Once again, the internet was my friend and I did a lot of research on how to manage the X Axis on such a small lathe. Some have even put the screw outside the cross slide, but I did not like the idea of swarf getting into the ballnut. So, I found a neat design, wish it was my idea!
I did make a small change by electing to go with direct drive instead of mounting the stepper motor inboard and using a timing belt. My mill uses timing belts and I am sure this is the reason for some backlash, so I bought a larger motor and will use a flexible coupling.
This will mean that the motor will stick out quite a bit at the front, but I dont really see that as an issue. I can always go back to belt drive later if this is a problem.
In machining the saddle to accept 15mm outside diameter ballscrew, I moved the centre of the hole down about 3.5mm so the top of the ballnut will clear the cross slide (Img 1-2).
For securing the ballnut, I used 1/8 BSW cap screws (Img 3-5) because I had them on hand. The fact that they are a little larger than the 3mm standard was a help as well as I did not want to break a tap. This was a prime concern as I had already broken a 6mm tap in one of the holes for the z axis fixed ballscrew mount.
Everything fitted quite well when assembled (Img 5).
I am making the extension for the slide out of aluminium. If need be later, I can redo in steel.
I used the 2 existing 5mm tapped holes for the turntable for the compound as well as another 5mm at the other end. Maybe I will add some extra screws later.
Getting the holes in the correct positions (Img 6) was quite easy after measuring. I used a laser edgefinder (Img 7) to locate the edge and used the digital readout on Mach3 (Img 8) to position the holes and counterbores.
Img 9-11 shows the aluminium plate fitted to the cross slide. The 2 widest holes line up with the oil nipples on the slide. I just made this large enough to fit the oiler in the hole.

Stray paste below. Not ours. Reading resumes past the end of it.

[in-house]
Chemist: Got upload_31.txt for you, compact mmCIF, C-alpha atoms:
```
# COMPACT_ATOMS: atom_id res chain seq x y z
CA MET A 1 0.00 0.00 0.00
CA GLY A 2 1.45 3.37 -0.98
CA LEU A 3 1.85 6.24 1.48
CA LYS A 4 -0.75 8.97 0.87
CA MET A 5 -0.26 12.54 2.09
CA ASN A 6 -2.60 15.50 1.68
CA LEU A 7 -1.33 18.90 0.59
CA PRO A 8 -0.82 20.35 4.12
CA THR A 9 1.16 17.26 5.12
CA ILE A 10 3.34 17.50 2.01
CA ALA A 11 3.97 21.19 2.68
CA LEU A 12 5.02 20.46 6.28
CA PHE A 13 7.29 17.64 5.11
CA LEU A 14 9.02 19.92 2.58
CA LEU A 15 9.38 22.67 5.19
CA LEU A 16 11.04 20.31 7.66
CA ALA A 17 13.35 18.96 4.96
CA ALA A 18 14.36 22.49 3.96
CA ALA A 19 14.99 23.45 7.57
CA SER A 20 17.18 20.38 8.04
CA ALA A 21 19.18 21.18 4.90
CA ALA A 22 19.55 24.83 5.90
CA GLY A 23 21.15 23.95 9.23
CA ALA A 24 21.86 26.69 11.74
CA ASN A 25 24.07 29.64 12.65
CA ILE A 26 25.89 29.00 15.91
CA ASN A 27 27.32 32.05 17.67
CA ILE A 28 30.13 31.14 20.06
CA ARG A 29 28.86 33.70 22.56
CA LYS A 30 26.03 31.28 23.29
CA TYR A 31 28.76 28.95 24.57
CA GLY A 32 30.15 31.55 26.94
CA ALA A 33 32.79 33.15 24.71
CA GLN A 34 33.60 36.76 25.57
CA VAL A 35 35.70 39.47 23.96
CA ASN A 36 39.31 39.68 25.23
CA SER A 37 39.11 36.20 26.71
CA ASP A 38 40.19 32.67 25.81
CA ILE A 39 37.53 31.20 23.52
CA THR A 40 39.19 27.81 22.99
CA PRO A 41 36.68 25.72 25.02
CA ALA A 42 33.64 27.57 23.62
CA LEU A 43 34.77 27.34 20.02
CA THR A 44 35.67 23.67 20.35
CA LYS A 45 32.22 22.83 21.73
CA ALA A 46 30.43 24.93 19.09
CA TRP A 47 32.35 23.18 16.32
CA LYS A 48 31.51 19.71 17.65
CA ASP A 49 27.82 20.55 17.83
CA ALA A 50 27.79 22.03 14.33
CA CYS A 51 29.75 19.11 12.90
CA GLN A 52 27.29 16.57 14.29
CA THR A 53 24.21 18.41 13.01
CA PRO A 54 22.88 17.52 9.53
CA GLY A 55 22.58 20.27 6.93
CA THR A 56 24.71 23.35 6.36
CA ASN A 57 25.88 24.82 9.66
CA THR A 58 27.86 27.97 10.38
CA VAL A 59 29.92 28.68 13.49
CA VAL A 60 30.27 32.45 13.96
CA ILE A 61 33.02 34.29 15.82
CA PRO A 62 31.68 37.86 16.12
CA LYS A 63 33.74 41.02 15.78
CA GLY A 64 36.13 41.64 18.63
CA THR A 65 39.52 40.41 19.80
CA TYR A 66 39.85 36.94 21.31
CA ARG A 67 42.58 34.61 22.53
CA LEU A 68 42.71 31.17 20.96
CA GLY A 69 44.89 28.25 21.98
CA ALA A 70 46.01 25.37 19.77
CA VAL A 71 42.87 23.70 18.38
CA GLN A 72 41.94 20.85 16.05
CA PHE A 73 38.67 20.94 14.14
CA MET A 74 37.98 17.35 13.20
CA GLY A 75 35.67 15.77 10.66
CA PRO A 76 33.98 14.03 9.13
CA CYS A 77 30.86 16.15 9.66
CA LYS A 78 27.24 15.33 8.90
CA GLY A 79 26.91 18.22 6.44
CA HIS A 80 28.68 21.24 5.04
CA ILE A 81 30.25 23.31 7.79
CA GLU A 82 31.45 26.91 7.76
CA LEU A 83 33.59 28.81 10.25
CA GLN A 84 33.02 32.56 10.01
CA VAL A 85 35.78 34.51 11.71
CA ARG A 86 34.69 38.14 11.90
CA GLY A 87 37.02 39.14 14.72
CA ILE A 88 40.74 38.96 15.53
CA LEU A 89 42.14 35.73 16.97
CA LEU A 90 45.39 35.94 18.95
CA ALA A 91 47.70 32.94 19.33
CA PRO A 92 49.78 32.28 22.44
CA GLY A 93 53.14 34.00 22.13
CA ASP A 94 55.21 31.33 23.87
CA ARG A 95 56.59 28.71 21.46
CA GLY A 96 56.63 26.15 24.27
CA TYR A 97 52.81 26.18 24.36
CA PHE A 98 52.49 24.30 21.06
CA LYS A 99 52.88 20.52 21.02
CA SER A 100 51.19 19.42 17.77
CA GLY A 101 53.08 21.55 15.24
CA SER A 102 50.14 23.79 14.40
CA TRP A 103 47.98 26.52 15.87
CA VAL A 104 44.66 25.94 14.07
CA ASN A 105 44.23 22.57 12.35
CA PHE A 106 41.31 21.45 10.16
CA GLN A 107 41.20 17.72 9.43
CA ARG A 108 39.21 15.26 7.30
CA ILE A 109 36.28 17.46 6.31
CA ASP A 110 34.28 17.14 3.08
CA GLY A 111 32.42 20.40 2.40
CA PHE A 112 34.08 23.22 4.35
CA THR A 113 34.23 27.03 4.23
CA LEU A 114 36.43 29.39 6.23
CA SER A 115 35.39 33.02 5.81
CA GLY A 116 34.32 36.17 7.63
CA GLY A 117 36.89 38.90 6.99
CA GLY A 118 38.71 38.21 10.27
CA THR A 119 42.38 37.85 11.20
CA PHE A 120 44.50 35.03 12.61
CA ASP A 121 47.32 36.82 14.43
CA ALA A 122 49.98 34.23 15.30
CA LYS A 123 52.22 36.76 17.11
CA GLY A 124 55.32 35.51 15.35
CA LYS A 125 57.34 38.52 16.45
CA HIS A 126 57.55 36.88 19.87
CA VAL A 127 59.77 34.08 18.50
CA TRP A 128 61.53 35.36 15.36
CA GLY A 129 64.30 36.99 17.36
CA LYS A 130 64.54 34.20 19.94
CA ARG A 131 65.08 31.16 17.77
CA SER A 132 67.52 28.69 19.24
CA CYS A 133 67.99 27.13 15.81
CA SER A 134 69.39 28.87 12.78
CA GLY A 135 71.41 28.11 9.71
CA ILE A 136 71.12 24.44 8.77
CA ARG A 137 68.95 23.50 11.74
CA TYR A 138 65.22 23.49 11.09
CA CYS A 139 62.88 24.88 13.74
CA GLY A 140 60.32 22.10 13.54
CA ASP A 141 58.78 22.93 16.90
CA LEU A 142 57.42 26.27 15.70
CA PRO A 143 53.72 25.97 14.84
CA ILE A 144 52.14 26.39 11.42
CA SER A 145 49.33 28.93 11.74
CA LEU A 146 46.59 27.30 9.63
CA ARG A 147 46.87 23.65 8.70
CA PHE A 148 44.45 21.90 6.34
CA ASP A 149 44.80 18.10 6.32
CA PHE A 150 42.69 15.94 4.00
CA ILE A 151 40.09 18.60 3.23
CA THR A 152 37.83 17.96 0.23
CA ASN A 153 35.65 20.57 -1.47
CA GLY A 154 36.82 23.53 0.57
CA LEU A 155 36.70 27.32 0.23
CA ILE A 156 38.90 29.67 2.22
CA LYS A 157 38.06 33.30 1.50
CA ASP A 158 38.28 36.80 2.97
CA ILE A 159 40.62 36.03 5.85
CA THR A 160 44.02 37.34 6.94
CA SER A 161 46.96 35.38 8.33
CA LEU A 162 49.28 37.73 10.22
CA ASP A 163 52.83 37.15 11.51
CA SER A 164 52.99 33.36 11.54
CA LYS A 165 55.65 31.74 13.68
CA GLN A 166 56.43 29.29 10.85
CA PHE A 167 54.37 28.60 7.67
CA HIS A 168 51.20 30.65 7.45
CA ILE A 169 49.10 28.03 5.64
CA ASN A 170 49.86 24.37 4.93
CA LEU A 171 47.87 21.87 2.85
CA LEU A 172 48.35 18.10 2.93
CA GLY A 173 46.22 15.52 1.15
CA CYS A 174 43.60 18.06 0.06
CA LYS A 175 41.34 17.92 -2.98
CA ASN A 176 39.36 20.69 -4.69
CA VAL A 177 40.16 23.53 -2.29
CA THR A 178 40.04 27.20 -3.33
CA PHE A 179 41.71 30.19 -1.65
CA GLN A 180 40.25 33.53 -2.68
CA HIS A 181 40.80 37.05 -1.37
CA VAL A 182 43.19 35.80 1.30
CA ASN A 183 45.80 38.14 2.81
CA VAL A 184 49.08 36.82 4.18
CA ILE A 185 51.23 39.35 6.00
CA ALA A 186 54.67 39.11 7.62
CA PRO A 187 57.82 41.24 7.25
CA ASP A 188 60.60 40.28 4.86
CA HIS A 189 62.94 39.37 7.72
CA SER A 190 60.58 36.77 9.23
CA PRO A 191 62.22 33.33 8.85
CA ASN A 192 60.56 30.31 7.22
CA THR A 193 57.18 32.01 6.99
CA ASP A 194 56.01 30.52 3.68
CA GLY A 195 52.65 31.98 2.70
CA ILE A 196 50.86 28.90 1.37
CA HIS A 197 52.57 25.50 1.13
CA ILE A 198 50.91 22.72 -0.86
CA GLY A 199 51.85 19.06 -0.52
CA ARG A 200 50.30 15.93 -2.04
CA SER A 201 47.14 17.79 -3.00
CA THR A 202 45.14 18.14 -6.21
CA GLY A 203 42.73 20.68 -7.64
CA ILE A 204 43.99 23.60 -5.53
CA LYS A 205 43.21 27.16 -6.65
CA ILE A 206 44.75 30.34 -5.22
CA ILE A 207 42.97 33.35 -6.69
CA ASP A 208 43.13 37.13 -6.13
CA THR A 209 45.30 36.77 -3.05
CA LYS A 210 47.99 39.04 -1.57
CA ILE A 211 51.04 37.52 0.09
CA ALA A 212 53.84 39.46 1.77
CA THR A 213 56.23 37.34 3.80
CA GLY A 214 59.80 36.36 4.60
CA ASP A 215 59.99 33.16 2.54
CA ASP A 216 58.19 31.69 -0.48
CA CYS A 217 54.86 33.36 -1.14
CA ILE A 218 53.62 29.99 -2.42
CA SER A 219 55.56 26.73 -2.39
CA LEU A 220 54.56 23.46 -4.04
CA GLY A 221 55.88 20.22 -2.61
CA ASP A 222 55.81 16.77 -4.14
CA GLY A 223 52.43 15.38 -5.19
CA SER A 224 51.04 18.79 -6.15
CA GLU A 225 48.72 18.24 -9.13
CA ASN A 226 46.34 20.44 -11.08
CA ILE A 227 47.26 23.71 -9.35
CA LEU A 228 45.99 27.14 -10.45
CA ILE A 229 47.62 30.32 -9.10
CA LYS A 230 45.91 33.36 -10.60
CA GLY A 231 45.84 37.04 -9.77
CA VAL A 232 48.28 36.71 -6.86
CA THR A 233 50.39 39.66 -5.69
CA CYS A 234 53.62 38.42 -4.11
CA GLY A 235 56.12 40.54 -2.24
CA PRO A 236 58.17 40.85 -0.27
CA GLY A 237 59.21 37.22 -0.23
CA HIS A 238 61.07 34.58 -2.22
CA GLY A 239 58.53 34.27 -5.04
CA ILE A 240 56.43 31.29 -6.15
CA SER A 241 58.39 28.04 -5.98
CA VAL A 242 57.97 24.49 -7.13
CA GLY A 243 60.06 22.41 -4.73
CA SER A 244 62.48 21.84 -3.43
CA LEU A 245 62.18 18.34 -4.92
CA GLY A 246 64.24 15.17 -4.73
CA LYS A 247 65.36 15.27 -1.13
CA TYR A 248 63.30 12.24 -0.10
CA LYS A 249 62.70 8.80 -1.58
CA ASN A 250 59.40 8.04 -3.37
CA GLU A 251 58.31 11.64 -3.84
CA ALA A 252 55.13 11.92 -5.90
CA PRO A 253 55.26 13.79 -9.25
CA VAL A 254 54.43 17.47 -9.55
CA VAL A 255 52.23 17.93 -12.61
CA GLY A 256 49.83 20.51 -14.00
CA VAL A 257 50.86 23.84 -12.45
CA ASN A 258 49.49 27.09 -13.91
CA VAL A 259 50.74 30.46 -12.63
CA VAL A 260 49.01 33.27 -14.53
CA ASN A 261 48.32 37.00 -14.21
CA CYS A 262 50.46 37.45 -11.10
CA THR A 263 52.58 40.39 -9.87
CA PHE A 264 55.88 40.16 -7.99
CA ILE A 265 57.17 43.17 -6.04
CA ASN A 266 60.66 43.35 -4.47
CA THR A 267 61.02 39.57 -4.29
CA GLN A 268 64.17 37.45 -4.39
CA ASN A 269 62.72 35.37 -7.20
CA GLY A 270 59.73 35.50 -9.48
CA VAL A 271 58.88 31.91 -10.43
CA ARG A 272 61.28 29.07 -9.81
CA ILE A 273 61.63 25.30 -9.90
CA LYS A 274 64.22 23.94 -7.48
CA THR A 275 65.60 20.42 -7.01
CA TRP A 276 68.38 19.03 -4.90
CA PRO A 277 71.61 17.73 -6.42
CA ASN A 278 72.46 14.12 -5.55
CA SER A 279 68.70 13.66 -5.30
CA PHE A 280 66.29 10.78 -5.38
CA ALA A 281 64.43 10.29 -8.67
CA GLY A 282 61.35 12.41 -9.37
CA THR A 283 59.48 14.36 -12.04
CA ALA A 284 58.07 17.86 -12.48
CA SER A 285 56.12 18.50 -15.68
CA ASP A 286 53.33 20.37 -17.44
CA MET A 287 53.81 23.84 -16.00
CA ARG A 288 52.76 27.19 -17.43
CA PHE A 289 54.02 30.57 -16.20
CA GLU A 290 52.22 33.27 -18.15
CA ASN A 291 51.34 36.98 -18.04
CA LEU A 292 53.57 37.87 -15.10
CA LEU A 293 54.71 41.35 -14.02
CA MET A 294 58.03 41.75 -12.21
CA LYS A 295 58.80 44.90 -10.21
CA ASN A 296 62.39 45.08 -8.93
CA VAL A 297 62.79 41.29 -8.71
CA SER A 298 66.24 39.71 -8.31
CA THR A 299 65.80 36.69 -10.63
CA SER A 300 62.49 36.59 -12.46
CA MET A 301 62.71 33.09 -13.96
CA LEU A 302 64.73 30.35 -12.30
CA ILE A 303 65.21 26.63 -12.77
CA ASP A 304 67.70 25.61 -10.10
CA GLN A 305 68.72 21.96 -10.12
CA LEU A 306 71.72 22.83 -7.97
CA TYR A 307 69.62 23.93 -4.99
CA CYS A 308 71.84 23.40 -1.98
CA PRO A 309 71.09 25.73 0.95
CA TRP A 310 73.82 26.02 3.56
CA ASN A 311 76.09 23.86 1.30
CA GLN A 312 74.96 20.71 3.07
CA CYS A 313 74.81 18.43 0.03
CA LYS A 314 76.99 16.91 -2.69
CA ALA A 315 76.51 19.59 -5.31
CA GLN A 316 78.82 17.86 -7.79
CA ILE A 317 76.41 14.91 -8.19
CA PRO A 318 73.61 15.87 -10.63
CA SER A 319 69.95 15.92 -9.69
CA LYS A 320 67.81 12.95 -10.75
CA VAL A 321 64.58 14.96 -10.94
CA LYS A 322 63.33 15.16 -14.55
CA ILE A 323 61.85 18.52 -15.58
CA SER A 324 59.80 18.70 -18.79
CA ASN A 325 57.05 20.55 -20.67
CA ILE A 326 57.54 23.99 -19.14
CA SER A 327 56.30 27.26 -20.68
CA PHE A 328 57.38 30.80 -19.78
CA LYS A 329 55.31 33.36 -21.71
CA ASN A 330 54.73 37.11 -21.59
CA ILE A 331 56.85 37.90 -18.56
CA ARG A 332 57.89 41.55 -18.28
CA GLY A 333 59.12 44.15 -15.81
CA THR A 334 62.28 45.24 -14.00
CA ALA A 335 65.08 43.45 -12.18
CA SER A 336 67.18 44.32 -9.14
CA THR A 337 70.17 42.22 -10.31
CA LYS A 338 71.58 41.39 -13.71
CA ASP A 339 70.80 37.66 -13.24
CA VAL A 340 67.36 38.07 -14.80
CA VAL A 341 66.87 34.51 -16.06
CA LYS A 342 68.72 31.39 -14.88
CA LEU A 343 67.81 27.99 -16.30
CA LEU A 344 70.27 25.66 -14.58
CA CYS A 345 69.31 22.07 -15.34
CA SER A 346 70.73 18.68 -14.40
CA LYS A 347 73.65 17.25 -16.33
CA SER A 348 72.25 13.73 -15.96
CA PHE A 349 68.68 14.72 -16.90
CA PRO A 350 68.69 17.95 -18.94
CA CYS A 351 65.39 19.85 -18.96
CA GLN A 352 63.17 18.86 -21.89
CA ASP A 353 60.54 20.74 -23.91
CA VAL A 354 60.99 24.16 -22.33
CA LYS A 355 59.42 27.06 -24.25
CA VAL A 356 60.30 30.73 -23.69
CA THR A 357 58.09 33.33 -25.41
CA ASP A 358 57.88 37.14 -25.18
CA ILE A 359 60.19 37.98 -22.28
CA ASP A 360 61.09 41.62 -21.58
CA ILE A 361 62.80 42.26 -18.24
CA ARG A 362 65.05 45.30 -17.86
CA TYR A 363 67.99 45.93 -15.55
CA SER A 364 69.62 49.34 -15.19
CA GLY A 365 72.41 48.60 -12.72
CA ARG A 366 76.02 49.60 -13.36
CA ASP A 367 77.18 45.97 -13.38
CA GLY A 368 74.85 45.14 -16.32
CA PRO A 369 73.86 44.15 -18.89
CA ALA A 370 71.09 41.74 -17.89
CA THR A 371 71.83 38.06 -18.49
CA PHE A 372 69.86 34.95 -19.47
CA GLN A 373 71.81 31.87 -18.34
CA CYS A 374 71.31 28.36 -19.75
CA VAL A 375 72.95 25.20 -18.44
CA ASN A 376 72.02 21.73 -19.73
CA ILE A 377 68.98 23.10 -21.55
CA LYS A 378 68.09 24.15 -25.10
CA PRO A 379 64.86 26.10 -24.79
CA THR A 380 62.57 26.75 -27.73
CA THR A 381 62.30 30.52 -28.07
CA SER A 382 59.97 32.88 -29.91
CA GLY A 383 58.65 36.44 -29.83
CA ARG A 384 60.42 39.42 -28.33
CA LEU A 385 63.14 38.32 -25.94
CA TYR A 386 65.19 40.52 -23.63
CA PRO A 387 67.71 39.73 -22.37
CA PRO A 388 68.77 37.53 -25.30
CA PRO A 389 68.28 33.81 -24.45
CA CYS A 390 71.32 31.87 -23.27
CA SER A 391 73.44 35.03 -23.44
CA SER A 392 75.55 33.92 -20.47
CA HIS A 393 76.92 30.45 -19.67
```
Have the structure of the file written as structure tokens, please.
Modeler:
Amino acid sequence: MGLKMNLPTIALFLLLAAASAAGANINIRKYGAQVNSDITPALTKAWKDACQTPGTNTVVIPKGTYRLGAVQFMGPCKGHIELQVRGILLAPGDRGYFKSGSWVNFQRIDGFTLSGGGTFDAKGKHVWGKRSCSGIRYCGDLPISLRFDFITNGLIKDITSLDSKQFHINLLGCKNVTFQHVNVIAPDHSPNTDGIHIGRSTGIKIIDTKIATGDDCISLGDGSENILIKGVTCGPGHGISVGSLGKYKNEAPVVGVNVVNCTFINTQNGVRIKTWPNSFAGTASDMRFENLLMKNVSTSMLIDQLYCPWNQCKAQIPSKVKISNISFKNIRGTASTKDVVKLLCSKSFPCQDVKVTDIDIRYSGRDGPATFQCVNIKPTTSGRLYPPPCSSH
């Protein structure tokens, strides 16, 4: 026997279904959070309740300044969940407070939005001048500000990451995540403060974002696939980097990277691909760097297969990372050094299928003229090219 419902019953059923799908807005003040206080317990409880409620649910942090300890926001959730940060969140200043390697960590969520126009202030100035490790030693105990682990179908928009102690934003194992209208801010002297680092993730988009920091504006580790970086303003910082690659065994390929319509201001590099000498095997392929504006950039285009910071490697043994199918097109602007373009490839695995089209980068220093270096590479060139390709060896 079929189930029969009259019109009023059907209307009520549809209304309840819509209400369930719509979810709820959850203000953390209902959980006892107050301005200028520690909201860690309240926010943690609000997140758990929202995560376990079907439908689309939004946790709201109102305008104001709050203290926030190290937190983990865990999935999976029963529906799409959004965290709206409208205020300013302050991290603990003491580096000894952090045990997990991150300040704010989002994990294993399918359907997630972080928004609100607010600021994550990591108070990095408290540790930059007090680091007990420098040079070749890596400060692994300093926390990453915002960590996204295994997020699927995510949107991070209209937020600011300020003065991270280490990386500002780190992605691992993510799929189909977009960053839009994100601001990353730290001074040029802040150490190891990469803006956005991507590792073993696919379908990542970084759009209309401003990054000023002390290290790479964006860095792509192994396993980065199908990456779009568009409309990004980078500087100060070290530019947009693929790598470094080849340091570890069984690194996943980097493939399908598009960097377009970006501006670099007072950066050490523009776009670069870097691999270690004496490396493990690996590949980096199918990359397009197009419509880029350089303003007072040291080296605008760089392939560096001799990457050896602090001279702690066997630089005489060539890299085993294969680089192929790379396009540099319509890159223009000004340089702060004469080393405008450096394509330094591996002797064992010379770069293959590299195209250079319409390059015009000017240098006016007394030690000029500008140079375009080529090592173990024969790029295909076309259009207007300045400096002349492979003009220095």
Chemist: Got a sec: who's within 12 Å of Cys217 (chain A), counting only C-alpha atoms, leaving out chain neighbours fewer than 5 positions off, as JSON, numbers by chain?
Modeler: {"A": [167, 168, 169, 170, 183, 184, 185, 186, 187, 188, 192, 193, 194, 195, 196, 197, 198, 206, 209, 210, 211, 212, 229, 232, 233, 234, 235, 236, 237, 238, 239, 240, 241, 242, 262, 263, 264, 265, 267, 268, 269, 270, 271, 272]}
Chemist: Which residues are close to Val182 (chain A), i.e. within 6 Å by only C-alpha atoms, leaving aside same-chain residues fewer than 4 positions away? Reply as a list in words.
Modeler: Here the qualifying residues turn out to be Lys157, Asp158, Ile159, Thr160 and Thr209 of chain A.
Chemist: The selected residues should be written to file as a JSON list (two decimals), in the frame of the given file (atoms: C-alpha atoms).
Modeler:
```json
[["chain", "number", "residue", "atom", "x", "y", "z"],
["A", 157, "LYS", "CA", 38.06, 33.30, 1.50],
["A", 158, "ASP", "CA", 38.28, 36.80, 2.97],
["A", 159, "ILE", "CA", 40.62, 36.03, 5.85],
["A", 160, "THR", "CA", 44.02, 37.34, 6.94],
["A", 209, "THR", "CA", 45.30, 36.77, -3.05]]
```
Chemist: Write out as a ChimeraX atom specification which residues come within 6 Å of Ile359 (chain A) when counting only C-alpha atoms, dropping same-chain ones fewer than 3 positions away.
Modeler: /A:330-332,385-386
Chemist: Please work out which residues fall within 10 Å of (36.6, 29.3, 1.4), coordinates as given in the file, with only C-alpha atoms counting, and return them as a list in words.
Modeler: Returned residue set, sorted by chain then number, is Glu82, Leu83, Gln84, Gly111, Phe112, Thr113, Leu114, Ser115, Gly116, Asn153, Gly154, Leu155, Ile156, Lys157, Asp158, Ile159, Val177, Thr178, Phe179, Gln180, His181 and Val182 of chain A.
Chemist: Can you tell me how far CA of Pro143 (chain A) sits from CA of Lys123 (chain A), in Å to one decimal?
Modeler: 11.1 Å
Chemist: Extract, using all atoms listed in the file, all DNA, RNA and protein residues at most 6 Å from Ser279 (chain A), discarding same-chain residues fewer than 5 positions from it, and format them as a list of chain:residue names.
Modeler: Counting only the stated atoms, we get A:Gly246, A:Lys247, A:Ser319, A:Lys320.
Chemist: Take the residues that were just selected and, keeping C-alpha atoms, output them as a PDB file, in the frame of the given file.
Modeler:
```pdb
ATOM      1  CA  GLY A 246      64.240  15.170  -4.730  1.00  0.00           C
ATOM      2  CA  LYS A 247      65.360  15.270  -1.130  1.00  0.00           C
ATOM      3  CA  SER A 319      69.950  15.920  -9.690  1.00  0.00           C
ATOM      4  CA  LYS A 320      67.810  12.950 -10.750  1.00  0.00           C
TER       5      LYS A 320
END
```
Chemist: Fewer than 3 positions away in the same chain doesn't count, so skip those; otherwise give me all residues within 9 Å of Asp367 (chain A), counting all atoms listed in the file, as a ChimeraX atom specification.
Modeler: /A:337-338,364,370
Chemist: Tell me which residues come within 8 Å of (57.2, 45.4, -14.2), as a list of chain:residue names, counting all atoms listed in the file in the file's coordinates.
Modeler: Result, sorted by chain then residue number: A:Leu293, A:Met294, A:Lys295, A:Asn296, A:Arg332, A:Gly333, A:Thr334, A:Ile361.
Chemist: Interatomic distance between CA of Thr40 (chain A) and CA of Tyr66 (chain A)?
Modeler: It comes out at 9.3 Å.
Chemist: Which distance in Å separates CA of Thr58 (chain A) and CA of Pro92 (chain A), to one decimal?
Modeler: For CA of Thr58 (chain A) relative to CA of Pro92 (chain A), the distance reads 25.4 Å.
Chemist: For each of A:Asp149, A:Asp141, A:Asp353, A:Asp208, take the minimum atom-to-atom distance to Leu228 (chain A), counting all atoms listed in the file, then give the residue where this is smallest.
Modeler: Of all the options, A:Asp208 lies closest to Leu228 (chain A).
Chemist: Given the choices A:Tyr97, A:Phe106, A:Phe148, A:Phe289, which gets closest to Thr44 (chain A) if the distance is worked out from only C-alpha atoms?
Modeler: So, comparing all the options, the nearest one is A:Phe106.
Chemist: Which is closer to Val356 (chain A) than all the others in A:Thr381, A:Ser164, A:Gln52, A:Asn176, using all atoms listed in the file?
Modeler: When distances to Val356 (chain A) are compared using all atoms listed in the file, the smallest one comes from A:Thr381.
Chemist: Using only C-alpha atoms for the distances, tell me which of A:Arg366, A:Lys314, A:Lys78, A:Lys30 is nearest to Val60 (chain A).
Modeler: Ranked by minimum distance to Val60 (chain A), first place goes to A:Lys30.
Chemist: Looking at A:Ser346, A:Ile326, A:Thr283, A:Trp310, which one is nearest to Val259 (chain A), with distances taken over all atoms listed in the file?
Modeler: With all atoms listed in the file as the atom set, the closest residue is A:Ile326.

Next task was to machine the bracket for the fixed ballscrew bearing. Luckily I had the right size drill for this (Img 12), then I cut a keyway so I could remove the bracket without removing the ballnut from the cross slide (Img 13). Then the pocket was cut so the bearing fitted into a recess (Img 14).
Holes were tapped 1/8 BSW to secure the ballnut bearing (Img 15), and mounting holes for the stepper motor were tapped M5.
Everything seemed to fit ok (Img16). I will be away at a shooting competition this weekend, but I should get the X Axis finished Monday.
The bearing mount was then drilled and tapped for 2 x M10 button head screws (Img17).
Mount fitted nicely to the cross slide(img 18-20). I tested the slide using my battery drill, and the slide moves really well under ballscrew.
Stepper motor mounts were next on the agenda and was drilled to match the M5 holes tapped in the mount and slide (Img 21). I drilled one to suit the tapping drill size (4.2mm) so I could use this as a guide to hand drill and tap the holes in the cross slide. I do not have enough Z travel to be able to drill this part using my mill.
Now the stepper is installed and wired to the G540. Then I set the steps per mm, then checked backlash. I jugged the axis in, then set the dial indicator to zero and than ran in 10mm (IMG 22) then back 10mm (IMG 23) with a G0 code. This shows zero backlash, so I'm a happy camper. This is much better than my mill which is geared 2:1 with a timing belt.
Video 1 shows the X axis moving with a G0 code! There is 80mm of travel, heaps for a lathe of this size.
All good things must come to an end, and that was the case for my 8mm ballscrew! After about a year of use, the ballnut suddenly disintegrated! I am rebuilding the X axis to use a 12mm ballscrew connected by timing belt. Pics to follow soon.
The new 12mm ballscrew is much more durable than the original, fitting it was not too difficult. This now has a 2:1 pulley system with a timing belt. The plastic cover attaches with Velcro and was cut from a 2 litre plastic milk bottle!